Are your vsds running at maximum efficiency? while variable speed drives (vsds) provide an important energy saving technology, mitsubishi electric's matt handley questions how many of the installed base of drives are actually set up to run at their maximum efficiency.
It is a frequently quoted statistic that electric motors account for 60% of UK industrial energy usage. It is equally well known that fitting a variable speed drive to control the speed of a motor can save energy--so much energy in fact, that the purchase cost is usually recouped within 16-18 months. Importantly, a variable speed drive also allows users to fit motors sized closer to their typical duty, affording further energy-saving potential.
Today there are hundreds of thousands of variable speed drives installed in countless applications across the country, saving users many thousands of pounds in energy costs. But are end users getting the most out of their variable speed drives? Are they reaping all of the energy savings that they could be? How many of these variable speed drives are actually set up to run at their maximum efficiency?
It might be assumed, for example, that having fitted a variable speed drive, you have achieved your energy savings potential --end of story. The drive may certainly be optimising the speed of the motor by matching it to the requirements of the application. In high duty pump and fan applications for example, this will mean taking advantage of the inverse square law of speed to energy consumption to deliver some significant savings in energy use.
However, to really deliver the maximum energy savings, variable speed drives have to be properly set up at the commissioning stage; this can be as simple as activating one parameter to turn the drive intelligent energy saving mode on.
Where to start looking?
The first area to always look at is nature of the load i.e. is it constant torque or variable torque. The drive can then be adjusted to match its output to the load, thereby maximising the available energy savings. While a drive in constant torque mode will still save energy compared to having no drive on the motor at all, optimum savings will only be achieved in variable torque mode if the connected load is a pump or fan, although it must be stated that some types of pump require the constant toque setting. This needs to be set up when the drive is installed; again this is normally as simple as adjusting one parameter.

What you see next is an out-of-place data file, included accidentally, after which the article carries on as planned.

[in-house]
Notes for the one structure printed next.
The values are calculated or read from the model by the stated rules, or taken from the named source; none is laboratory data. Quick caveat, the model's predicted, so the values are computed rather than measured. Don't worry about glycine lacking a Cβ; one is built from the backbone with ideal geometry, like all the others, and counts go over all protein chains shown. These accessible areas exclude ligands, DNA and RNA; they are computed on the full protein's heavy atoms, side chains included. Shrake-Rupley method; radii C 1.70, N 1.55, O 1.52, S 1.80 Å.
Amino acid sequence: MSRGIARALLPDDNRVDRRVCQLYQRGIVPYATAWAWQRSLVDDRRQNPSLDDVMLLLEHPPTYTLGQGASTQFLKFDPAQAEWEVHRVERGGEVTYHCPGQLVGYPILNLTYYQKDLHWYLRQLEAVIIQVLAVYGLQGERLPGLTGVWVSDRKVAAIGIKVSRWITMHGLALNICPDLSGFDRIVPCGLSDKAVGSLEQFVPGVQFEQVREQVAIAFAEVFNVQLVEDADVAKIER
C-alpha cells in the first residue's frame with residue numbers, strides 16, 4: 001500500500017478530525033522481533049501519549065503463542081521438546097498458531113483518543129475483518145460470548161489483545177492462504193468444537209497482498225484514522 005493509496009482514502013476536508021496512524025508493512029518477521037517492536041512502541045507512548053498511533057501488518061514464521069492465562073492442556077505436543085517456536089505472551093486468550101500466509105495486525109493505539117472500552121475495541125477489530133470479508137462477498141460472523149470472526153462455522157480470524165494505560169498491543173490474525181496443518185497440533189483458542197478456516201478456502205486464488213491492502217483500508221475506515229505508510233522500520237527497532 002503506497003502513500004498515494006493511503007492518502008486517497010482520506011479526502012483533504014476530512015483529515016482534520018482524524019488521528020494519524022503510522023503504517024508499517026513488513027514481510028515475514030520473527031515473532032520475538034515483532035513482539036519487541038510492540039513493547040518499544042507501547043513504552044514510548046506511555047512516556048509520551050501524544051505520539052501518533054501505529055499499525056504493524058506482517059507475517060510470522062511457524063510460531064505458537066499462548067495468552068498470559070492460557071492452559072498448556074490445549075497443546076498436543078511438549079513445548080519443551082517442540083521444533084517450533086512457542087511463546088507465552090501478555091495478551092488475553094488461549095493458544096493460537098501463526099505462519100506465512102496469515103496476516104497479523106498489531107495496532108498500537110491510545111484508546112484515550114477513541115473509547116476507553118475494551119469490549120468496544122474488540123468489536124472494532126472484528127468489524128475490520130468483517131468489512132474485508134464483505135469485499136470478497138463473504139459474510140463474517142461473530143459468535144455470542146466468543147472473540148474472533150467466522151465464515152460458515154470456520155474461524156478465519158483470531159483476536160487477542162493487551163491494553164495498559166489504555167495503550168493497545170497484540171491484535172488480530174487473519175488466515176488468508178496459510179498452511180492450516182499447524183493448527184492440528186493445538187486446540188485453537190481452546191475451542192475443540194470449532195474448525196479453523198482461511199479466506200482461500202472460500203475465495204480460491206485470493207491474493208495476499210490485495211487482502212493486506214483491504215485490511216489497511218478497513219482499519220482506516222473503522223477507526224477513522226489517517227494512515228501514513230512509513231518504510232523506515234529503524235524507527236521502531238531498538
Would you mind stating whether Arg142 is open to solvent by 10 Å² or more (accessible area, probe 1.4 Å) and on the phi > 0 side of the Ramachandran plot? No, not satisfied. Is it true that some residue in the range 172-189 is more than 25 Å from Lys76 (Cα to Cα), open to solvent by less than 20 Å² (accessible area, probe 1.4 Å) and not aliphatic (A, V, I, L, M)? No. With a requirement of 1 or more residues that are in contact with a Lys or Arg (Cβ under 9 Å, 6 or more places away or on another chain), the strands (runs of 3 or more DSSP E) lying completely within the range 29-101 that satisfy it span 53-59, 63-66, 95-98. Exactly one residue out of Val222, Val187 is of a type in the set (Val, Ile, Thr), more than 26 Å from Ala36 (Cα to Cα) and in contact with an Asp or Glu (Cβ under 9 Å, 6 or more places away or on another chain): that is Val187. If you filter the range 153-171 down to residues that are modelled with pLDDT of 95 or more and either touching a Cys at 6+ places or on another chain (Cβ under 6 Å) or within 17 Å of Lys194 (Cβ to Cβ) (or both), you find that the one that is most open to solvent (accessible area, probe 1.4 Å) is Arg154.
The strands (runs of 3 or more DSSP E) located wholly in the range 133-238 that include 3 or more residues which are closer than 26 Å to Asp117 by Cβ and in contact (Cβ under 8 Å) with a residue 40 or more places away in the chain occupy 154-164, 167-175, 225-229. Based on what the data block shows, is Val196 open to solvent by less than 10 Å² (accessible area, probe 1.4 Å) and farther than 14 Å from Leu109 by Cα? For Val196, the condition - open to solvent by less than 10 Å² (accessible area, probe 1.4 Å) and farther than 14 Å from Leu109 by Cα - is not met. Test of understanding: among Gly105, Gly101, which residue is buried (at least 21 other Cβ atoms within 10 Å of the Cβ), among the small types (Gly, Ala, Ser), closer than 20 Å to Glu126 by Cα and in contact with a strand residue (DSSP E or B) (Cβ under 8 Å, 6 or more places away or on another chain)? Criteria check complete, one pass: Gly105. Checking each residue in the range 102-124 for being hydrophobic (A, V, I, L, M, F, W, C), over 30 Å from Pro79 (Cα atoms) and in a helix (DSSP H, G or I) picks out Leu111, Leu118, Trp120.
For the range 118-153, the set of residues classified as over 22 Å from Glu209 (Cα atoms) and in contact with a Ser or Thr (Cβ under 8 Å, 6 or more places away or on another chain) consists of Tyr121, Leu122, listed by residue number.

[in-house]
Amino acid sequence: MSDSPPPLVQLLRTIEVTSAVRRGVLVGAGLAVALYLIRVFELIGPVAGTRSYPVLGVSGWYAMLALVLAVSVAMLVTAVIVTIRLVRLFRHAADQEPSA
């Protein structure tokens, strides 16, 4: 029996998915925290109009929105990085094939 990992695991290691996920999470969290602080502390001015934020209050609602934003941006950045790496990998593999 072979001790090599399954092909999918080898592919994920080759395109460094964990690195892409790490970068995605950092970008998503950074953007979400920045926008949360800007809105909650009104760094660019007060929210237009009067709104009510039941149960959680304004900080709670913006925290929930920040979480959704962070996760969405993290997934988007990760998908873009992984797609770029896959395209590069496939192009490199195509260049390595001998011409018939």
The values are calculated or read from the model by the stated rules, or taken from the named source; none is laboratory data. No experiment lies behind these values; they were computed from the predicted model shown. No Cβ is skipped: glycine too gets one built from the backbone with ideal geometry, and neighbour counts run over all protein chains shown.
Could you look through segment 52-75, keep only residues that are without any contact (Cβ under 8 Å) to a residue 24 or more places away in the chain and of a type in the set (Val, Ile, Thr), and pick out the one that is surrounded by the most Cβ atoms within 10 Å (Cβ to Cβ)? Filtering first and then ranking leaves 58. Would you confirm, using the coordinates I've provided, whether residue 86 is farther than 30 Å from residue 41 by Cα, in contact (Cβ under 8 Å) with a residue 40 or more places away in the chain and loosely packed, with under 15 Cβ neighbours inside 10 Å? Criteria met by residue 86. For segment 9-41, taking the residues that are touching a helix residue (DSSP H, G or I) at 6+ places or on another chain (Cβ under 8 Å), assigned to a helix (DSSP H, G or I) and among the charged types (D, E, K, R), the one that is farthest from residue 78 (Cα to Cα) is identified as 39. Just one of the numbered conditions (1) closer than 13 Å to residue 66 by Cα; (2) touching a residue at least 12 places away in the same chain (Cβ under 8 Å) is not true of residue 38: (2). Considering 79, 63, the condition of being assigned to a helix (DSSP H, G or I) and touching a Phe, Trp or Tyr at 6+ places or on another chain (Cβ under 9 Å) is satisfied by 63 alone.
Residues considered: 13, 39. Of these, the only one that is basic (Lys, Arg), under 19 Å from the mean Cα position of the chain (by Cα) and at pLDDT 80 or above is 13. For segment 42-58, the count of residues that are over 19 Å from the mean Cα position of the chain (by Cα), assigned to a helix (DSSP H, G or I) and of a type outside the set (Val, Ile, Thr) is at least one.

Further, many variable speed drives have specific energy-saving modes, with dedicated algorithms tailoring the profiles of the output to deliver greater optimisation. Some users may have shied away from enabling such energy saving modes on variable speed drives, as historically they could make the drive sluggish to respond to changes in the load. However, this is no longer the case, with best of breed products incorporate technologies that will eliminate the problem.
It is also fair to say that energy optimisation is a constantly moving target. That means ongoing monitoring of energy usage is vital for identifying areas ripe for optimisation. Even more fundamental than that is the need to perform a post installation survey once a variable speed drive has been fitted. While there is a plethora of energy saving calculation tools that can make the case for fitting the drive in the first place, these tools make a variety of assumptions that may not always be accurate against real world operating conditions. While the tools certainly provide an indication of how much energy can be saved and show estimated payback times, only a detailed post installation survey can highlight real energy savings and show opportunities for further optimisation.
We can see, then, that while variable speed drives offer numerous opportunities to save energy--and are demonstrably doing so in a wide range of industries and applications--spending a little time to set up the technology correctly will deliver so much more.
Hand on heart it's impossible to tell how much more energy users could be saving if they really optimised their drives nationwide. What we have seen is that even after a VSD has been fitted, we can often increase energy efficiency by 10% or more quite easily. It also isn't unusual to be over 10% which if you compare that figure to the relatively small gains in motor efficiency on offer by upgrading from an IE2 to IE3 motor for example, it really is substantial. The irony is that the capability is often already there, it just needs switching on.
For further information please visit: gb3a.mitsubishielectric.com
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|Title Annotation:||Process, Controls & Plant|
|Publication:||Plant & Works Engineering|
|Date:||Apr 1, 2017|
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